Indie Film Funding

Mentorship Opportunities for Talented Indie Film Producers are Starting to Grow

CrowdfundingBeing an indie film producer today is becoming a much more exciting opportunity than it was a number of years ago. With more attention being placed on indie film and the crowd funding process rooted in the mainstream, the chances of an indie film being seen are becoming greater. That means more money made for a producer and the chances of keeping a production company in the black.
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Utah gives Hollywood a Run for its Money as Park City Film Studio Opens This Fall

imagesThe Sundance Film Festival was on of the first film festivals to showcase films in the midwest instead of New York or Hollywood. Films that debut in Utah at the Sundance Film Festival often go on to receive critical acclaim and receive prestigious awards. It makes perfect sense that Park City, Utah, famous for its incredible film festival, would also become a hotspot for creating films.
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Time to Get Over Your Fears and Go For It! Crowd Funding – Mistakes to Avoid

There’s a good chance you have been on a social media site, such as Facebook or Twitter and saw a link to fund someone’s project. Whether it was a collection drive to send a team of rag-tag kids to a championship little league game, or maybe even a live-action web-series about your favorite video game, you might have clicked on the link and well, the rest might have fallen short of your expectations.
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Short Stories are an Entire World in One Simple Package

For some reason, most of the movies we see in the summer are part of some sweeping epic, taken from the pages of a series of novels that can double as doorstops once you get done reading them. But the interesting thing about short stories is that they contain a kernel of a story, and the entire world, theme, and drama that unfolds can be found in a much smaller form.

Short stories can be your greatest ally when it comes to creating an independent film. Your source material is limited to only a few scenes or characters, which means that budgeting for actors, location, set design, and a myriad of other details that just chisel away at your funding can take a back seat to actually putting together a quality story. A story that isn’t going to get out of control.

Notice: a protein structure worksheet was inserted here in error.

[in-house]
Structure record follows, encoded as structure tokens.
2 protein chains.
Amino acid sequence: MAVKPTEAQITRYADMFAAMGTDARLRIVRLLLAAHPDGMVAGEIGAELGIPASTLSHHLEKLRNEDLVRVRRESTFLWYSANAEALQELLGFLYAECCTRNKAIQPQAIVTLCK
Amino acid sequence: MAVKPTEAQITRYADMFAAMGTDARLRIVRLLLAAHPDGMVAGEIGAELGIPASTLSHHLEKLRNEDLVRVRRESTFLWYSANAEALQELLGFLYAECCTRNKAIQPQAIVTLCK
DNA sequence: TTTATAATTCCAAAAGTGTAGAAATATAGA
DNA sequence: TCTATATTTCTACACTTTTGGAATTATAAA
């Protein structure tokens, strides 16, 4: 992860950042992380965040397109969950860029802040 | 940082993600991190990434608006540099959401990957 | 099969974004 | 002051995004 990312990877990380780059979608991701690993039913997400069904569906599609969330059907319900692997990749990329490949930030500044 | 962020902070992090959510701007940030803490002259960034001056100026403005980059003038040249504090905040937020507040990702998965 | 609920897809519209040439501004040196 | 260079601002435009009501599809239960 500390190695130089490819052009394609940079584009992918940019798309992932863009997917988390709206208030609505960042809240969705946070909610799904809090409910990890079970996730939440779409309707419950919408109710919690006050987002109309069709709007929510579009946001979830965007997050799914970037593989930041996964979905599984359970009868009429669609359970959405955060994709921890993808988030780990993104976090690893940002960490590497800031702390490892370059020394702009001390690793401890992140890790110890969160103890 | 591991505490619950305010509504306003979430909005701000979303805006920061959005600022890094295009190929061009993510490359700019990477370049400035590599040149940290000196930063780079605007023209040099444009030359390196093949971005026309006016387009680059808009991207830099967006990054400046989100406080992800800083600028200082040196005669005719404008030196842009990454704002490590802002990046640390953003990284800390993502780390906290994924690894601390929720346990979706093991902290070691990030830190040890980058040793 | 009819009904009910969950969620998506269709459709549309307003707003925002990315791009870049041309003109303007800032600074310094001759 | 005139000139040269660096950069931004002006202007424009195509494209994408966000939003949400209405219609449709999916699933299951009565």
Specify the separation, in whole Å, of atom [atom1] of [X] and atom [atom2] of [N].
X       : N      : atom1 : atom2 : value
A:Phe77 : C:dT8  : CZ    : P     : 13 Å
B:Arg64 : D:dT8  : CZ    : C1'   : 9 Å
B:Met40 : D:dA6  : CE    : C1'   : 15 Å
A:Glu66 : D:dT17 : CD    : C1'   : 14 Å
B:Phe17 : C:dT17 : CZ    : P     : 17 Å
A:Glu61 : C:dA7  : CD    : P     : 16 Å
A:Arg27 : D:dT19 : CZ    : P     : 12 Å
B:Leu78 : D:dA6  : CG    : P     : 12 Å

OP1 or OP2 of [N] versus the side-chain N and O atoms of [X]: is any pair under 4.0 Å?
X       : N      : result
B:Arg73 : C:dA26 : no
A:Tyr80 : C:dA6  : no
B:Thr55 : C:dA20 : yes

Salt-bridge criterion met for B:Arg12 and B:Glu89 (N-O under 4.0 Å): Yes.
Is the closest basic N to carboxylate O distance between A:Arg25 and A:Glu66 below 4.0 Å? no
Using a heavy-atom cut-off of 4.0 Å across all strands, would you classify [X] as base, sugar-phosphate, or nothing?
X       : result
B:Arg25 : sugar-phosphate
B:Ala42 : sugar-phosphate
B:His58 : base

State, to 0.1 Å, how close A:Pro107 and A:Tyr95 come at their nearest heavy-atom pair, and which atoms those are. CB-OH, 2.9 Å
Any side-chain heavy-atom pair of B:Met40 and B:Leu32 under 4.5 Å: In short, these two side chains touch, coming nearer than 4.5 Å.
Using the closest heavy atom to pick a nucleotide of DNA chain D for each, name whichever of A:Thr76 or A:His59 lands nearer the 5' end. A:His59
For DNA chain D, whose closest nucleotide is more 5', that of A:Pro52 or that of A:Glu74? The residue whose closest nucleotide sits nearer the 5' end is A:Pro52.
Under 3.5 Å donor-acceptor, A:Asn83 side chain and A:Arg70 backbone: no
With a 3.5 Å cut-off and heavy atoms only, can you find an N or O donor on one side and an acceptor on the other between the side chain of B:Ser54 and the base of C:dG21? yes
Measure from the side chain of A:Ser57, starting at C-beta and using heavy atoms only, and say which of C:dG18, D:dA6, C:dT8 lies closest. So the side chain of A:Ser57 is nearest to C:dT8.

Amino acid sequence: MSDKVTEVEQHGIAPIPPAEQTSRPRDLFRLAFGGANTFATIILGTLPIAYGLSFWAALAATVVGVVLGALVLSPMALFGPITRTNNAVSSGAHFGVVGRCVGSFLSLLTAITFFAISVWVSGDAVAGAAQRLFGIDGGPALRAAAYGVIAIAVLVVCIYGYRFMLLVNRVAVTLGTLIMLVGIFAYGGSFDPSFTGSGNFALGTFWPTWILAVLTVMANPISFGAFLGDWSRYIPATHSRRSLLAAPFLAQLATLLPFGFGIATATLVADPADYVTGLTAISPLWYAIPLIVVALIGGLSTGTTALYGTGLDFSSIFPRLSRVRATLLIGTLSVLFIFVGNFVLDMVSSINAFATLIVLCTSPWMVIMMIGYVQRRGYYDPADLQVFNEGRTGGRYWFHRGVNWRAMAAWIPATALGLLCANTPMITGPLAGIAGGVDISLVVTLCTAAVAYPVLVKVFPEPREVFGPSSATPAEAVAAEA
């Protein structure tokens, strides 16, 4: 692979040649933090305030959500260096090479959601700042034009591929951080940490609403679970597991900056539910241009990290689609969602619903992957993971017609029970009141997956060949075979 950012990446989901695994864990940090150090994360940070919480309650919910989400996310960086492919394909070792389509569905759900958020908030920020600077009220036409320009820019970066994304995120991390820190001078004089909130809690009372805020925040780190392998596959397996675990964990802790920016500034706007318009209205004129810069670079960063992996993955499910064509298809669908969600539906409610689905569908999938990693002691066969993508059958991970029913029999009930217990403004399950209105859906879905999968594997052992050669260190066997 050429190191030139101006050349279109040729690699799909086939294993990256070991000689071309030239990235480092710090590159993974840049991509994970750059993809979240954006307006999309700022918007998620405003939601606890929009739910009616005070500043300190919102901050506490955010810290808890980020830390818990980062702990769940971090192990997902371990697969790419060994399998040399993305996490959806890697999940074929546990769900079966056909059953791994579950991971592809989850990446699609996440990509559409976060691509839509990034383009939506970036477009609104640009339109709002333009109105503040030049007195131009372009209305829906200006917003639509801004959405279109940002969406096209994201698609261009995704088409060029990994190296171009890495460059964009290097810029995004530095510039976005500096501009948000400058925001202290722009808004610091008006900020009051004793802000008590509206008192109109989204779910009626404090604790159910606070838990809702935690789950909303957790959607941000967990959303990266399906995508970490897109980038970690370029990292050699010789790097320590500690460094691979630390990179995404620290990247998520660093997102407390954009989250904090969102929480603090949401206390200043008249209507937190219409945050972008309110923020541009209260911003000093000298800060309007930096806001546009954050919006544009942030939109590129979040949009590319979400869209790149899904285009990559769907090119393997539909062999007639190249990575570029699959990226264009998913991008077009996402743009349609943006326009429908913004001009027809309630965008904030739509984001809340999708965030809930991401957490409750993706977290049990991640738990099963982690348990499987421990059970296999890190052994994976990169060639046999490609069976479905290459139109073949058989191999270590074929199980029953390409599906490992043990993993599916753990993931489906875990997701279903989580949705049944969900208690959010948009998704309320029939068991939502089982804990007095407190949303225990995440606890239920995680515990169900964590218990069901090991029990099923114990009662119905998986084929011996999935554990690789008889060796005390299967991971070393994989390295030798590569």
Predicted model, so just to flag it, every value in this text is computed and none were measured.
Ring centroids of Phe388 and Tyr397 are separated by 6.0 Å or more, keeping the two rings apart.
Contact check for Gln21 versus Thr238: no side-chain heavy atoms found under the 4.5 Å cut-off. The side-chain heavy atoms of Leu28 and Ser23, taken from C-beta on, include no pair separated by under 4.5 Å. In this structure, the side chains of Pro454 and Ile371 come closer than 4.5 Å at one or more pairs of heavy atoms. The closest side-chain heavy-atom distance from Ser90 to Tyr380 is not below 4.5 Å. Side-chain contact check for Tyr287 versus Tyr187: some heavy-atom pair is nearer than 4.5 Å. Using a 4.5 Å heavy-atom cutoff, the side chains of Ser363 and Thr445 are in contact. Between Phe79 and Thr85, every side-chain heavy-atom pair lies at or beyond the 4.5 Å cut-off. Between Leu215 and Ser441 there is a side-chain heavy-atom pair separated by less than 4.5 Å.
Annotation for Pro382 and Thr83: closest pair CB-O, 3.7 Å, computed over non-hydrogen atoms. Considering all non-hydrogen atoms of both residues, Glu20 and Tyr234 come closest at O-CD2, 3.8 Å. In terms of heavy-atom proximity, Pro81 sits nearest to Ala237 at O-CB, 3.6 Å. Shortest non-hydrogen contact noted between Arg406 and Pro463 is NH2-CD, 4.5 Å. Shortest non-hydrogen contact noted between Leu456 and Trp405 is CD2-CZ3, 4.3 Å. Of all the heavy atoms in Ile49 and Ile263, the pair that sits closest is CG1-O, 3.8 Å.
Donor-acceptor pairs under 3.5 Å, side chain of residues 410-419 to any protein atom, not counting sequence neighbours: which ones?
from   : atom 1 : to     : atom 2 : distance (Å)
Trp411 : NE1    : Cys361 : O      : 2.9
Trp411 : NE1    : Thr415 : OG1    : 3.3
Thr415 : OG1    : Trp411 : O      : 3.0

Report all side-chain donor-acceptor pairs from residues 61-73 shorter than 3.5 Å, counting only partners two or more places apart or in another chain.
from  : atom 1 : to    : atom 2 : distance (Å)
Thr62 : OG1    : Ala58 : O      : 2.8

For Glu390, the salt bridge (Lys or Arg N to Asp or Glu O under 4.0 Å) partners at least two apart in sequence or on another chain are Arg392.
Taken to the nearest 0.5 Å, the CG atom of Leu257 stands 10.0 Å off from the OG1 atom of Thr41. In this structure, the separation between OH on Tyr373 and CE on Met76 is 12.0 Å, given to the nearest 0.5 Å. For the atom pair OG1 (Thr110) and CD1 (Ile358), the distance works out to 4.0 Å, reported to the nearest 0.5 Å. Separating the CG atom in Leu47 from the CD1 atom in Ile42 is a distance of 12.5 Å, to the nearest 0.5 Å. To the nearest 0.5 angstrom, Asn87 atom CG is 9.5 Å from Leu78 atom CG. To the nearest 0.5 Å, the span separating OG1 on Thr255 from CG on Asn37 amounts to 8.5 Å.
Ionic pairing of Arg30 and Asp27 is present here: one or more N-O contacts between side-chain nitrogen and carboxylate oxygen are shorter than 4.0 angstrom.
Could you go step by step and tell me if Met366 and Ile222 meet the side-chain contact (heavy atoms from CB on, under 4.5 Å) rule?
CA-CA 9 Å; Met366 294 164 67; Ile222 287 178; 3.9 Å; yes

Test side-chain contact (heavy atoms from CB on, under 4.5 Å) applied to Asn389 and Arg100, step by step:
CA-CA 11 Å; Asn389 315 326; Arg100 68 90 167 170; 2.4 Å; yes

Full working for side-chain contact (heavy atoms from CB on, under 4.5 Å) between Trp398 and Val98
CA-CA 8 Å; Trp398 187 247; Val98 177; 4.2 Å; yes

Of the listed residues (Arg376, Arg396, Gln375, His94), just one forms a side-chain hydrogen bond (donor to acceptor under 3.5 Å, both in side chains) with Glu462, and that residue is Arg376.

Character complexity, interaction, and importance of detail are the bread and butter of short stories. Independent films have been no stranger to incorporating all of these elements into a production with limited funding to create a good story. Today, most of the best ideas are coming from independent films.

The larger, Hollywood tentpole productions tend to be bloated, cramming as many big-name actors, special effects, and location shots as possible into an hour and a half. A working script is barely recognizable from its original draft, being more of a collection of what to cut for time, while incorporating “notes” from everyone who has to throw in their two-cents worth. Every cook in the house having a finger in the pie can lead to a blockbuster flop of epic proportions, worthy of a Don LaFontaine voice-over trailer.

When making your film, you have to have complete control. Due to cost-cutting, you have probably already donned the hats of casting director, editor, writer, and director, and you might believe you are already in the driver’s seat. Unfortunately, when individuals are footing the bill for a production, they still have control over your idea. How many great movies were spoiled because the person writing the checks decided they had a niece that wants to be a star, or they had some great ideas in a college creative writing class that will really make your story “pop?” And as long as you want the checks to keep coming to pay for little things like film, cameras, actors, or sets you will wind up agreeing to nearly any completely insane idea if that’s what it takes to make your dream happen.

This is where comes in for you–the filmmaker, the Storyteller, the Dreamer. You control every element of your story. You can deliver your promise of keeping your story honest, real, and as gut-wrenching, poignant, or horrific as you want, deviating from the original concept only when it feels right. You can make a quality movie that will touch people. The only “notes” that people will expect you to take when they donate is that your film should tell them a good story.

If contributors didn’t like your idea, they wouldn’t be giving you their money. To them, it already sounds excellent; and as a film maker, you cannot put a price on that kind of support. Along with everyone who contributes, you already have a fan base and some word of mouth advertising. They will want to say “I helped produce this!” When you crowd-source, you hit the ground running, with an audience of people eager to love your film!

Contact us if you want to make compelling stories without the frustration. Get out there and just tell a story.

Thank you,

Edward Panos